- Your child may go into school at a later date and you would like them to keep up to the same year standard as their peers
I will now outline how to decide if getting a curriculum is best for your homeschooling family, and how to choose one, below.
What To Consider While Picking a UK Homeschool Curriculum
When considering which homeschooling curriculum to choose, take into account the following four factors:
- Cost. Depending on your budget (see what we spend each month on home education) you may wish to use the many free online homeschool resources for learning, choose affordable individual learning modules, or purchase a whole yearly curriculum at once.
2. Time. Do you like the idea of having a slot of time each day to go through prepared activities, or would you rather go with the flow and see what your child wants to do?
3. Interests of the child. Instead of purchasing a complete curriculum with maths, english, history, geography, religious education and other subjects in one homeschooling curriculum package, you may wish to buy individual modules focused on one subject area such as “Minecraft”.
4. Your patience and parent-child relationship. There is no point in buying a curriculum if it is going to be a source of misery to you or your child. Your child will learn a lot more from a happy trip to the park with you than an hour sat with you both frustrated over a worksheet. I outsource most sit-down work to the two teachers who run my girls’ homeschool group, and I’m very thankful for this!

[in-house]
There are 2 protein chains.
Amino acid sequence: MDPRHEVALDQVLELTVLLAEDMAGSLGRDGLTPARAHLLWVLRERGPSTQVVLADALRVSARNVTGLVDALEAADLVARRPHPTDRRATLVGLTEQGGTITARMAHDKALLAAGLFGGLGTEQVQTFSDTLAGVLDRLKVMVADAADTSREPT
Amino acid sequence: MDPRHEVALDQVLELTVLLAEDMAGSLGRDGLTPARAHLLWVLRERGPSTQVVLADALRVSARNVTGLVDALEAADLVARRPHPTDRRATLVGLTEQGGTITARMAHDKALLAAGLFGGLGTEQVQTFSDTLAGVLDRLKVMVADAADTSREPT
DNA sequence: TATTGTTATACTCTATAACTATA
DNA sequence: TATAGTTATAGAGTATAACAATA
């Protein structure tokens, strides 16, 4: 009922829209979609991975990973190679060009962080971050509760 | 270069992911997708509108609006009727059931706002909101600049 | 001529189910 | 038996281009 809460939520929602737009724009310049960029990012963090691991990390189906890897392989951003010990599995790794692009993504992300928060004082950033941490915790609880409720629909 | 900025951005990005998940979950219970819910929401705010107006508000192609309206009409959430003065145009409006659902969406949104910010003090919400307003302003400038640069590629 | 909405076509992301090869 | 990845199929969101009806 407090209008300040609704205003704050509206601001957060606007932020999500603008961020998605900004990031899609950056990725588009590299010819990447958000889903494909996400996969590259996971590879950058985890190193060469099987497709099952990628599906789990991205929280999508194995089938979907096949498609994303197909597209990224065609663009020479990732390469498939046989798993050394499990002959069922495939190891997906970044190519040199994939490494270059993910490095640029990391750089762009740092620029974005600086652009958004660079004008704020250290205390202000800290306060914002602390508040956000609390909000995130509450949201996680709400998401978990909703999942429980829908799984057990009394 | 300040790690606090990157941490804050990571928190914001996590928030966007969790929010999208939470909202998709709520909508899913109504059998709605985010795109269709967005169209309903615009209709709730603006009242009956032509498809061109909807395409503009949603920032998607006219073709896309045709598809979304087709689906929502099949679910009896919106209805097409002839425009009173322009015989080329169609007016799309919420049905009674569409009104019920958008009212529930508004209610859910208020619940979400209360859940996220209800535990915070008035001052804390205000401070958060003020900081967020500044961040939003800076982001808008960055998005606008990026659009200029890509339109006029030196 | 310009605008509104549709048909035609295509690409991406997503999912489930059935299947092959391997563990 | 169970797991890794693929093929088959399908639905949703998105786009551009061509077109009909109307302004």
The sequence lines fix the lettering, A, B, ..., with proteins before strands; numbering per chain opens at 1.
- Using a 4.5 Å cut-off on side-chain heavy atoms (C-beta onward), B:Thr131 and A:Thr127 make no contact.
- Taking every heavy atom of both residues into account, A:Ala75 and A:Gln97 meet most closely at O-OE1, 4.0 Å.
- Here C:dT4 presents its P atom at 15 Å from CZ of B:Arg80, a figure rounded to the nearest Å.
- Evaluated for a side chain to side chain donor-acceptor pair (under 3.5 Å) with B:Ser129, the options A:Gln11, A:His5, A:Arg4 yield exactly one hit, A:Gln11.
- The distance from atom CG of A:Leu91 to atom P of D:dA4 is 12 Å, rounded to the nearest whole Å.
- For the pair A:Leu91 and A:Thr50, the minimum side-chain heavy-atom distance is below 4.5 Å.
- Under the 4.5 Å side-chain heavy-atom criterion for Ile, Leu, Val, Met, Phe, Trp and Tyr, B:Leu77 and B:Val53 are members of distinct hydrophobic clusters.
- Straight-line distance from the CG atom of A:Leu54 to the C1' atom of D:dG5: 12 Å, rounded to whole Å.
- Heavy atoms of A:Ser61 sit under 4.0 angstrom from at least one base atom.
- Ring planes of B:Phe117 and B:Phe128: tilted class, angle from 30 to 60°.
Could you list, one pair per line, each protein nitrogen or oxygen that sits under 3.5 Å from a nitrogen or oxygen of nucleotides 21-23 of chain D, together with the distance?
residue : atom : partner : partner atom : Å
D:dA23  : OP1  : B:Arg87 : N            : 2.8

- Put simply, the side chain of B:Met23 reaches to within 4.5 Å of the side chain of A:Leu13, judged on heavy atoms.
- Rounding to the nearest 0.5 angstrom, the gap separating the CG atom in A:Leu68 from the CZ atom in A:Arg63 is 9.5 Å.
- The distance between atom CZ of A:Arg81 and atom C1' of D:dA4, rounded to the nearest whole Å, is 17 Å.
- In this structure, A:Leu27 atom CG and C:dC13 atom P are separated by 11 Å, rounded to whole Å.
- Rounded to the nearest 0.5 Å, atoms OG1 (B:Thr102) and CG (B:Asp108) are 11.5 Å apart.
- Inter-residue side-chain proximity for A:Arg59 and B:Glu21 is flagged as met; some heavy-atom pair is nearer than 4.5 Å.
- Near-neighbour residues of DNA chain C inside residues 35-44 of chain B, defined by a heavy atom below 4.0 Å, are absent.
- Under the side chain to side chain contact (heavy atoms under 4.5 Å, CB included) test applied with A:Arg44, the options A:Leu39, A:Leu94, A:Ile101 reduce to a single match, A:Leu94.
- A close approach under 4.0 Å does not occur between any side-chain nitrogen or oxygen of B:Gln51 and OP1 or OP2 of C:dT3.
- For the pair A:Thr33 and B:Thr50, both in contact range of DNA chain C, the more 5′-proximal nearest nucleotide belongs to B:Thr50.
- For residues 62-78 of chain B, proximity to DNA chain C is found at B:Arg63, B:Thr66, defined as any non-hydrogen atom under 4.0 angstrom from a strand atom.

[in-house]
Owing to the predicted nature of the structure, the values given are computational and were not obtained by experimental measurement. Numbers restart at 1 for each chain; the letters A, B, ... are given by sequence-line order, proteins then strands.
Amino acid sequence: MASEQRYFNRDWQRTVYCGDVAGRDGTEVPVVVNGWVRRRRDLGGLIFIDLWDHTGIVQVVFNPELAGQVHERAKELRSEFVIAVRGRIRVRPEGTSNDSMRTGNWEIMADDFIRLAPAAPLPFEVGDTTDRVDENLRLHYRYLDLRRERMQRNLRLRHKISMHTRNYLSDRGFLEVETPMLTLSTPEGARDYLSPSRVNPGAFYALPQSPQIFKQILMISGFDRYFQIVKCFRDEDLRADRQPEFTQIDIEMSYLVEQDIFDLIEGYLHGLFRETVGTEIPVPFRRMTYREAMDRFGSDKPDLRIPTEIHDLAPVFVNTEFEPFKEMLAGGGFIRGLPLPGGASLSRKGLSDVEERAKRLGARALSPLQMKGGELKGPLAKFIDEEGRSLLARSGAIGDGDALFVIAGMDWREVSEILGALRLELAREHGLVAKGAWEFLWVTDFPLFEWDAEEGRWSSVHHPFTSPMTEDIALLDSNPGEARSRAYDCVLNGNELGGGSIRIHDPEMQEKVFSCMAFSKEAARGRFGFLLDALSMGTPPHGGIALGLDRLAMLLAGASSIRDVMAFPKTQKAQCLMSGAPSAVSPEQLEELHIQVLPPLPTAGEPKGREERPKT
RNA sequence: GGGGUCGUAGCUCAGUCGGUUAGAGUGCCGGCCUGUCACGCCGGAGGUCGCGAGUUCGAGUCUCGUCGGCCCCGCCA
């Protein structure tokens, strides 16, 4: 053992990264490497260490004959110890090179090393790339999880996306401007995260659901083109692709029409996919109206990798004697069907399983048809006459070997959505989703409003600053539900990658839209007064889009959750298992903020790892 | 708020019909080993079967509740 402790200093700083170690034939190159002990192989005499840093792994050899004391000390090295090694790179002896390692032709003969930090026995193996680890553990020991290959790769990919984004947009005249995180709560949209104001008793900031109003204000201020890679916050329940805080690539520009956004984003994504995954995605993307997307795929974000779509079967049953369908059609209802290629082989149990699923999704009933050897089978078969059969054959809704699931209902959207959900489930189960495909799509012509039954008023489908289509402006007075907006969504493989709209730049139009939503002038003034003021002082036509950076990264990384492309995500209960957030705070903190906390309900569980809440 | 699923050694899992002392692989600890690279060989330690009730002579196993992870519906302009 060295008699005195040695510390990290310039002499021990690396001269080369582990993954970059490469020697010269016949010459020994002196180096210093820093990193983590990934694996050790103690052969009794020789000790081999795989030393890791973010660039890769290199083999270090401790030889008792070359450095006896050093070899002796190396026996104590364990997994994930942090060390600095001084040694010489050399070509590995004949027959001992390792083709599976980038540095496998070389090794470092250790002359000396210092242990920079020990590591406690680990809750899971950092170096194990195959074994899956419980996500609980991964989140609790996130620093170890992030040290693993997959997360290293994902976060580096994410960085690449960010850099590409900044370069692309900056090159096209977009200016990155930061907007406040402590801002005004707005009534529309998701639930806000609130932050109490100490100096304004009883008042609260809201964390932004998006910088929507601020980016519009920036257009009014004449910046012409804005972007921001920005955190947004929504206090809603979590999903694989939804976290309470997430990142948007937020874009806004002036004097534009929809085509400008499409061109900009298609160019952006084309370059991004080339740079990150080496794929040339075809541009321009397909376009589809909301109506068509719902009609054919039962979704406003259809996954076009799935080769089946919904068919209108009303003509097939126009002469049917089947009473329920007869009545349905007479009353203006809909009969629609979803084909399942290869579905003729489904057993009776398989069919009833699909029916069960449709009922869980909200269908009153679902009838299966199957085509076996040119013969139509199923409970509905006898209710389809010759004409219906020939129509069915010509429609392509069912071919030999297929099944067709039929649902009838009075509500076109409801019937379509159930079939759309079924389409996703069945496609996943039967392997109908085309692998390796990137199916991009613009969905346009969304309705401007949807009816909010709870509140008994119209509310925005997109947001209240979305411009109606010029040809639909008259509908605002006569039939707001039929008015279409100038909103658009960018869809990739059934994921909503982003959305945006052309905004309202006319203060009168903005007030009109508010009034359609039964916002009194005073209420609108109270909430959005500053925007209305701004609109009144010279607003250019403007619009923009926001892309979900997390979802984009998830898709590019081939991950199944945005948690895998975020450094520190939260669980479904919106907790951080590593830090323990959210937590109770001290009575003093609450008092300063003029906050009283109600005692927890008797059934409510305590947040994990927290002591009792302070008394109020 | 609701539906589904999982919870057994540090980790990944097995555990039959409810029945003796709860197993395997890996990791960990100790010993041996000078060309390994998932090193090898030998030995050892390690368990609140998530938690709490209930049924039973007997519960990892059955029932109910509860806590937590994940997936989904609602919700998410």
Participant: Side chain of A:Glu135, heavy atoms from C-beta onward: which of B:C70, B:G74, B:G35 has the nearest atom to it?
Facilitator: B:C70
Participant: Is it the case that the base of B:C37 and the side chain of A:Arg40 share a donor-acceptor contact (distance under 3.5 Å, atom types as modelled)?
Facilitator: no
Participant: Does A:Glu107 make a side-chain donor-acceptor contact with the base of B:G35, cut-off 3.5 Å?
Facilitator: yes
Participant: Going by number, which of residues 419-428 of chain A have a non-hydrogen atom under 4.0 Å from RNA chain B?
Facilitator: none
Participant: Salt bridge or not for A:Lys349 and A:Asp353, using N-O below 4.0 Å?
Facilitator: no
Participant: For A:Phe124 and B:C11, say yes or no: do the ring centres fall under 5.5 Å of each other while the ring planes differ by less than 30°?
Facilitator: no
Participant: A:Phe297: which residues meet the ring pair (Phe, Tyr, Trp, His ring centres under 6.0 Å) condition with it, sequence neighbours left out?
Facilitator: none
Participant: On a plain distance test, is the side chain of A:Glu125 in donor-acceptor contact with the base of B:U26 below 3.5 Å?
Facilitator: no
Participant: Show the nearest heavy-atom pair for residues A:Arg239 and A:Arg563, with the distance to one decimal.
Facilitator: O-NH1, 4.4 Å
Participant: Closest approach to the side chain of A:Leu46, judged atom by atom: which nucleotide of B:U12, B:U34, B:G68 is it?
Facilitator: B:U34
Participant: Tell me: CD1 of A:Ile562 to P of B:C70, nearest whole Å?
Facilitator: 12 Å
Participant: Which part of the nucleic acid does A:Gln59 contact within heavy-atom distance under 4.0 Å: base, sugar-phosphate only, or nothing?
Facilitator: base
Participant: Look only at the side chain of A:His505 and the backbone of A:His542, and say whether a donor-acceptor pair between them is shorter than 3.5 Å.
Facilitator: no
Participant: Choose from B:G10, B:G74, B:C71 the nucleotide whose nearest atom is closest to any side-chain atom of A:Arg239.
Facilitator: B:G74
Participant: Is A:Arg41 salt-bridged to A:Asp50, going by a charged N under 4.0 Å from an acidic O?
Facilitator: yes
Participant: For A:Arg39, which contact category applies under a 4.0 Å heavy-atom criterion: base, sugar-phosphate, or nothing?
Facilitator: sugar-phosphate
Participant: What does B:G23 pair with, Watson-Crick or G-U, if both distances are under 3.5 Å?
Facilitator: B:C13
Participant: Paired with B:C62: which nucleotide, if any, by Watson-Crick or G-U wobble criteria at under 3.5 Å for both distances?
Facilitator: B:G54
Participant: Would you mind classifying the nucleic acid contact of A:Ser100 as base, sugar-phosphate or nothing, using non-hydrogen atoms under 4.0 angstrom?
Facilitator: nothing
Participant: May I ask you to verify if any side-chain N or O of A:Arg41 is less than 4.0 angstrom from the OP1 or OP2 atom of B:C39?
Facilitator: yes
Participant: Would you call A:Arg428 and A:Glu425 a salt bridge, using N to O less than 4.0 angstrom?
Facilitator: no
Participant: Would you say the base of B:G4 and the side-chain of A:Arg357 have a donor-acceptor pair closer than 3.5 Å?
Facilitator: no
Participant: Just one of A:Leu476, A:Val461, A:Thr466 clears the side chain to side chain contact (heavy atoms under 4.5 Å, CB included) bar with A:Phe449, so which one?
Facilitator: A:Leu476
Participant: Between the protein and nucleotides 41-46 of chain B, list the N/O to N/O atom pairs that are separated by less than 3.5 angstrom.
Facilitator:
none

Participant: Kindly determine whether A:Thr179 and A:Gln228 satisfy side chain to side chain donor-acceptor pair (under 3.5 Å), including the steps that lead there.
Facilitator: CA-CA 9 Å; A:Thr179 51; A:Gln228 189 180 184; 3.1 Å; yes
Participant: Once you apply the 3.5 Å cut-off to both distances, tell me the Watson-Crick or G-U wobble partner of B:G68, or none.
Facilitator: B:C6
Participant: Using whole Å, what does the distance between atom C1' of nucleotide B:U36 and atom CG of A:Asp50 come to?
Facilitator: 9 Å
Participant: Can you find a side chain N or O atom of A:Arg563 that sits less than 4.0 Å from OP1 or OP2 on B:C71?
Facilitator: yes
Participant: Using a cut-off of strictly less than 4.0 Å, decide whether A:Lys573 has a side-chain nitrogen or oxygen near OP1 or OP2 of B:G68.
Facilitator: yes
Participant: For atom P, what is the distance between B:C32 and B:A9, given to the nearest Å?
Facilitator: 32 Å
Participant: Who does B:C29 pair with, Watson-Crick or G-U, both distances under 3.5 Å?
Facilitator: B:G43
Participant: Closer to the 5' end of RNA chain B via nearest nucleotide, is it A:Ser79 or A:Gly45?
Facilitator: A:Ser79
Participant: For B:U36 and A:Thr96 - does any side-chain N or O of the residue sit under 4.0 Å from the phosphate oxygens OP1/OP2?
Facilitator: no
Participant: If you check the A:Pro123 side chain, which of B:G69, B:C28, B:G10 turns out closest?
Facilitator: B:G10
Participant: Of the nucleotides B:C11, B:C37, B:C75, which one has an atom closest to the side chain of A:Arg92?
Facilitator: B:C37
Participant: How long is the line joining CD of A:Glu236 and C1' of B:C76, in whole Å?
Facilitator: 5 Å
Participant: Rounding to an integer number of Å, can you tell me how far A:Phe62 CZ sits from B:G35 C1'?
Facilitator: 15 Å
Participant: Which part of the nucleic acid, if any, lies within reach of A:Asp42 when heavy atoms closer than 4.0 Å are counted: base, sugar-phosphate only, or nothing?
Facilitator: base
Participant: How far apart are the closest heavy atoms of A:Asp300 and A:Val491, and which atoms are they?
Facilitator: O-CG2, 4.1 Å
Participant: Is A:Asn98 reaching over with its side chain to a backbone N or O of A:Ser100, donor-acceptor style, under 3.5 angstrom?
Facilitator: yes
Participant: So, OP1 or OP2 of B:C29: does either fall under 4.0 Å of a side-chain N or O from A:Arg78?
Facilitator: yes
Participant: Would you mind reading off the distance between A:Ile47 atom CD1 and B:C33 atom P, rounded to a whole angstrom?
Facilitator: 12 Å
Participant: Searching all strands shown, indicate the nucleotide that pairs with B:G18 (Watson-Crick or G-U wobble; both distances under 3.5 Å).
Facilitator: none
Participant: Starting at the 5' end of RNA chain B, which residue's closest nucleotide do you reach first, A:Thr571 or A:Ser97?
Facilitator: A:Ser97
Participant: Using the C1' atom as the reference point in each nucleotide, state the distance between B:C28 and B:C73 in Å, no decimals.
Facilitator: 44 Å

What is a Homeschool Curriculum?
The dictionary definition of curriculum is: “the subjects comprising a course of study in a school or college”. Please note that the subjects chosen in any curriculum- school, homeschool, college or otherwise- do not necessarily reflect what a child will need for life.
There is no way to ‘cover all your bases’ with either a school or homeschooling curriculum; it is simply a path to follow.
I say this because some people think that you have to have UK homeschooling curriculum, when they aren’t a legal requirement or necessary for all children. They are simply a resource to use to help on the educational journey, and should be treated as such.
List of Homeschool Curriculum Types
The spectrum of home education ranges from doing the national curriculum at home during school hours (this can take as little as an hour a day because of the high adult to child ration and fewer distractions/ interruptions), to using an alternative homeschool curriculum, or a child-centric philosophy such as unschooling and everything in between. Some often-talked-about methods or educational philosophies are:
Traditional Homeschooling (National curriculum at home)
Homeschooling in a traditional manner using the National Curriculum may perhaps suit some families with children who have had to leave school temporarily, and who want to ensure they stay learning the same things as their school peers for a time. The required provision for a UK local authority to provide a child temporarily out of school (for example, for reasons of illness) is just 5-6 hours of tutoring per week; this begs the question what the rest of the time spent at school is for!